Some of you might already know, I painted our kitchen cabinets. The decision lingered for many months. I was scared! The hubs was scared. I’m here to tell you, I don’t regret it nor do I regret what I used to complete the task.
My initial post, My Shabby Cabs, can give you more detail on what I did.
The Kitchen Reveal, will show you the whole kitchen, completely finished. It’s worth the click.
The biggest struggle I had when completing this project was deciding what to use as my sealer. The cabinet painting class I completed was taught by someone who was trained by Annie Sloan. The class instructed us to use wax as the sealer for our cabinets. I was nervous and unsure. If you ask around, you will get many different opinions. I finally gave up on asking for advice and did what I felt was best. I WAXED them. The other most popular option I received was to use Polyurethane.
Polyurethane, according to the Merriam-Webster Dictionary, is a type of plastic that is used to make various products and especially to make a clear liquid that is spread on a surface (such as a wooden floor) and that becomes hard when it dries.
Annie Sloan Wax, according to the Annie Sloan website, is applied after painting to achieve a subtle sheen as well as protection and durability. Made with a combination of natural carnauba (vegetable wax obtained from the leaves of a Brazilian palm tree) and beeswax, the wax is the consistency of soft margarine so it is easy to apply, is completely colourless and has very little odour. It is water-repellent too, so can be used on dining room tables and kitchens.
Honestly, I was worried my cabinets, being white, would yellow with polyurethane. I love that the wax is made from natural carnauba and beeswax. The wax has a slight smell, but not overwhelming like polyurethane. These two were both winners for me. I also already used Annie Sloan Chalk Paint and wax on other pieces and was very happy with the results.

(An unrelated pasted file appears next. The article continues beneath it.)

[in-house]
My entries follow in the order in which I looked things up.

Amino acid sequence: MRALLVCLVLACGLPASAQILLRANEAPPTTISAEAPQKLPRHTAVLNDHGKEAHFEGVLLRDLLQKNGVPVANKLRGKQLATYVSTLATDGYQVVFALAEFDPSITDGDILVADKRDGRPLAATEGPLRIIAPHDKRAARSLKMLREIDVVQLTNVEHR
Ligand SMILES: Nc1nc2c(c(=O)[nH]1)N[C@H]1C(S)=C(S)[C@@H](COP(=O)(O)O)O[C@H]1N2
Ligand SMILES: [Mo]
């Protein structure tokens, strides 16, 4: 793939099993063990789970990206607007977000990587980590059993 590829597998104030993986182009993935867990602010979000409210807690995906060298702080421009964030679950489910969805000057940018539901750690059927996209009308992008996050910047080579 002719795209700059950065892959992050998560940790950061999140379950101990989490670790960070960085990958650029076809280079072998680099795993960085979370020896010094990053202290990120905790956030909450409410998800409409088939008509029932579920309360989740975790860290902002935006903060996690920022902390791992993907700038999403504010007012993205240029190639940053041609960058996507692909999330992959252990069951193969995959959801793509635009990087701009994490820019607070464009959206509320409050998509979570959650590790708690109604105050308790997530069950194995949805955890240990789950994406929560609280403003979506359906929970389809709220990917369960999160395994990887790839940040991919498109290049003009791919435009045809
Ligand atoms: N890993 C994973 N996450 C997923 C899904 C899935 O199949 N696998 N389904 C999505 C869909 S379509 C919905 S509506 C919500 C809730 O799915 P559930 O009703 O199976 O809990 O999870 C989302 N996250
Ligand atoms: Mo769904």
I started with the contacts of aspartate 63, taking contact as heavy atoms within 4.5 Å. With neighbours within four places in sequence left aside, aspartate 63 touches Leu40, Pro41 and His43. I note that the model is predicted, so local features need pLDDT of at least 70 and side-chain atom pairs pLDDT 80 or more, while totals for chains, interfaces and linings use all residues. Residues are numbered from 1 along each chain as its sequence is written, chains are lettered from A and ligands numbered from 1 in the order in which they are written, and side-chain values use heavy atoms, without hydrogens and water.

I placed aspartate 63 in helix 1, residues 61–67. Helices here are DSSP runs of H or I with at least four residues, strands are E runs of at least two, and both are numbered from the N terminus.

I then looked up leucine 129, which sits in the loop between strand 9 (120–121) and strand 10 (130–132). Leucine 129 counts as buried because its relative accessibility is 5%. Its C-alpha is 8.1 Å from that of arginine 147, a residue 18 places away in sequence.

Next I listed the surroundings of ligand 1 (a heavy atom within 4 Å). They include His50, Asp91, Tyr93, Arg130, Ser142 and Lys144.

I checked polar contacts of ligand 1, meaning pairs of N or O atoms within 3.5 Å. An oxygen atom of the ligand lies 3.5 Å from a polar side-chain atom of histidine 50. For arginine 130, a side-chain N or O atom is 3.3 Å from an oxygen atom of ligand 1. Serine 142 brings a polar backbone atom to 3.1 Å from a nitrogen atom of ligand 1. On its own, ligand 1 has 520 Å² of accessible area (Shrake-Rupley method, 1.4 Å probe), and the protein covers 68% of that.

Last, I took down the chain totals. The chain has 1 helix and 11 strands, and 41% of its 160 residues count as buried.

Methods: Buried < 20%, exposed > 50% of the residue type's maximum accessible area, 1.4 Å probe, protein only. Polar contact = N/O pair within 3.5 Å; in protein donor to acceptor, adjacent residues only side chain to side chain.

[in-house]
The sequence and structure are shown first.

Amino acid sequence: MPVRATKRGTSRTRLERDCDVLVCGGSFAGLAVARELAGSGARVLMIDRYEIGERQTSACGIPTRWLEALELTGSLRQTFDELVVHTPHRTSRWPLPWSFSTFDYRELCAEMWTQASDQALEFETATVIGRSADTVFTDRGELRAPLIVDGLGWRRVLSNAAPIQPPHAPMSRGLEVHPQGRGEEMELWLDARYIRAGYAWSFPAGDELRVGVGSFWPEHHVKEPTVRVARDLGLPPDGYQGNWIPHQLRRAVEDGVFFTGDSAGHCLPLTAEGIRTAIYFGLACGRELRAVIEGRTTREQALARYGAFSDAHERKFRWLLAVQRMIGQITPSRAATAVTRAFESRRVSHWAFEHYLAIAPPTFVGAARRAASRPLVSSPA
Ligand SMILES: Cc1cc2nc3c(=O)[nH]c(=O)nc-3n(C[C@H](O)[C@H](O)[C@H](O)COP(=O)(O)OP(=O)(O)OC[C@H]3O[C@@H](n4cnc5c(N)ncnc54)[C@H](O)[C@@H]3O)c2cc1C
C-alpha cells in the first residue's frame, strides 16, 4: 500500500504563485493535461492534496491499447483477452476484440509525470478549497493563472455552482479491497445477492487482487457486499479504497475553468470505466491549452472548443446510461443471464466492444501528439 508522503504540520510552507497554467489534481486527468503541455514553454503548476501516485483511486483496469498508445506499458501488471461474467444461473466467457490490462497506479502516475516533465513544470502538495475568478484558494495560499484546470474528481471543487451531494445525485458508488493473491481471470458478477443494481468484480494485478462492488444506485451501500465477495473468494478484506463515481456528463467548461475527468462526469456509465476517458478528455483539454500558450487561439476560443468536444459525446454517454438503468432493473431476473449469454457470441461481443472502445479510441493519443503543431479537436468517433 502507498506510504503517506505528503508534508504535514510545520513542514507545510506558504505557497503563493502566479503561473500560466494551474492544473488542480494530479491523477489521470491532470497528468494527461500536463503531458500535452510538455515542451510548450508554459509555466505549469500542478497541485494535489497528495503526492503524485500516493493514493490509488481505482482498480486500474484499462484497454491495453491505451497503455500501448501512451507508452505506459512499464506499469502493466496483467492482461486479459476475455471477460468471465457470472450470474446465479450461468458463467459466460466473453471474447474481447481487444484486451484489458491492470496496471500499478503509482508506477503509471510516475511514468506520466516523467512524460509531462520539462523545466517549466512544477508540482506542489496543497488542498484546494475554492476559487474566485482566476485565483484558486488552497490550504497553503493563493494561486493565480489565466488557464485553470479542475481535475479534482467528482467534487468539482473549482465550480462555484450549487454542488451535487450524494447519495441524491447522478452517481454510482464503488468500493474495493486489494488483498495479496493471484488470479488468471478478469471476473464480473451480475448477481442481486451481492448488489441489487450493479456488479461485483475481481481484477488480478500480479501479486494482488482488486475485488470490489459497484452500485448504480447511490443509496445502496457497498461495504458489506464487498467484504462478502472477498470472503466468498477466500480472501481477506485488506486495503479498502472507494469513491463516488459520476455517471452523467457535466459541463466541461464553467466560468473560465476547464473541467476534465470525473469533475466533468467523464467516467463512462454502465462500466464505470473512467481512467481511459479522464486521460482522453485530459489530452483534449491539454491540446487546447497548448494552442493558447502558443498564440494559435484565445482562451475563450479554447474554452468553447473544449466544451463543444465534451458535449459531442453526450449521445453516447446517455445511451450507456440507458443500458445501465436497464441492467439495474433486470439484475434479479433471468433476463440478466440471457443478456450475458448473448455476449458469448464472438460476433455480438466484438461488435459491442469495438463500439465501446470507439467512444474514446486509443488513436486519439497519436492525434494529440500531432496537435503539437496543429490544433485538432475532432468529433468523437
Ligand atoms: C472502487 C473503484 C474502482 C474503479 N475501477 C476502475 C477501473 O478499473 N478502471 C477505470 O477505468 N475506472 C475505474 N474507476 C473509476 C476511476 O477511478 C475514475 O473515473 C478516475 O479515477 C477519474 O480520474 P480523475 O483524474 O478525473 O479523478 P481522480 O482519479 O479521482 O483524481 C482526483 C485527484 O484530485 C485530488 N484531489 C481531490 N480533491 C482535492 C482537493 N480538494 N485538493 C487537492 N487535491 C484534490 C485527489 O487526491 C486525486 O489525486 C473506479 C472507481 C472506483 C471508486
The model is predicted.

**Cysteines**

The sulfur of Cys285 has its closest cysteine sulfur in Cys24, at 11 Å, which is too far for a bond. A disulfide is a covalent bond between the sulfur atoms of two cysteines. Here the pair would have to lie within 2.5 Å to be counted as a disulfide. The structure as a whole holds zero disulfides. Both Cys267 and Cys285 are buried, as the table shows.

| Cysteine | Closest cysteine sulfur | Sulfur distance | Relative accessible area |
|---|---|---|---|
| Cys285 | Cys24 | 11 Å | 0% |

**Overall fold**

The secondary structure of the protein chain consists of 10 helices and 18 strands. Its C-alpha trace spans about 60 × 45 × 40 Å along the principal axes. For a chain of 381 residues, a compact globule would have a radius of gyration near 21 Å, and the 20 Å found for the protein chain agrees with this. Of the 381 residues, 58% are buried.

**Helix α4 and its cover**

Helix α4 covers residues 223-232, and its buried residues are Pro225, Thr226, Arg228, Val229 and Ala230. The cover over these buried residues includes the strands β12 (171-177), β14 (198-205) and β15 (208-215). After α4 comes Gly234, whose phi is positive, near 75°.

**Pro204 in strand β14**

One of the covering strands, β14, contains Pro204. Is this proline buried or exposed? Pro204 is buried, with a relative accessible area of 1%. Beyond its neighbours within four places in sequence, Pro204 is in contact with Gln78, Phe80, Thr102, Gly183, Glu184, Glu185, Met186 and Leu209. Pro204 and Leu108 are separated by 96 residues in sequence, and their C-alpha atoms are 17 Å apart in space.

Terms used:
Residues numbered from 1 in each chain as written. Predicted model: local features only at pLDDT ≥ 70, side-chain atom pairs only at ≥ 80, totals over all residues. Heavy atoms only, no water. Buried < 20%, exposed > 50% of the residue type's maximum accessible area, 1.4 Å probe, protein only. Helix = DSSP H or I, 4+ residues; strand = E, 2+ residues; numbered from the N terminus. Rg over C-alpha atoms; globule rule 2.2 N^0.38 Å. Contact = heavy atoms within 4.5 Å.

I’m writing this because many people, online and in person, ask about our cabinets. How did you do it? What did you use? They always seem to be shocked when I tell them that I waxed them.
I’m not here to say that one is better than the other, just simply stating that I used wax and am satisfied with the results.
Since they have been painted, I only wipe them down with mild soap and water. The cabinets by the dishwasher (lots of water from moving dishes from the sink to dishwasher) have no wear or tear. The wax repels the water. I do not have one complaint about the cabinet’s durability. Also, they look nice.
Since I painted the cabinets first, before our major renovations, there were some shoes markings (black) from the gentlemen working in the kitchen. These were mainly found on the bottom trim and were easily removed with a Mr. Clean Magic Eraser.
I hope this information is helpful for anyone thinking of completing their kitchen cabinets. What a MAJOR difference it makes, especially for the low expense! Please let me know if you have any questions. I’d love to hear from you below or write me at email@example.com.
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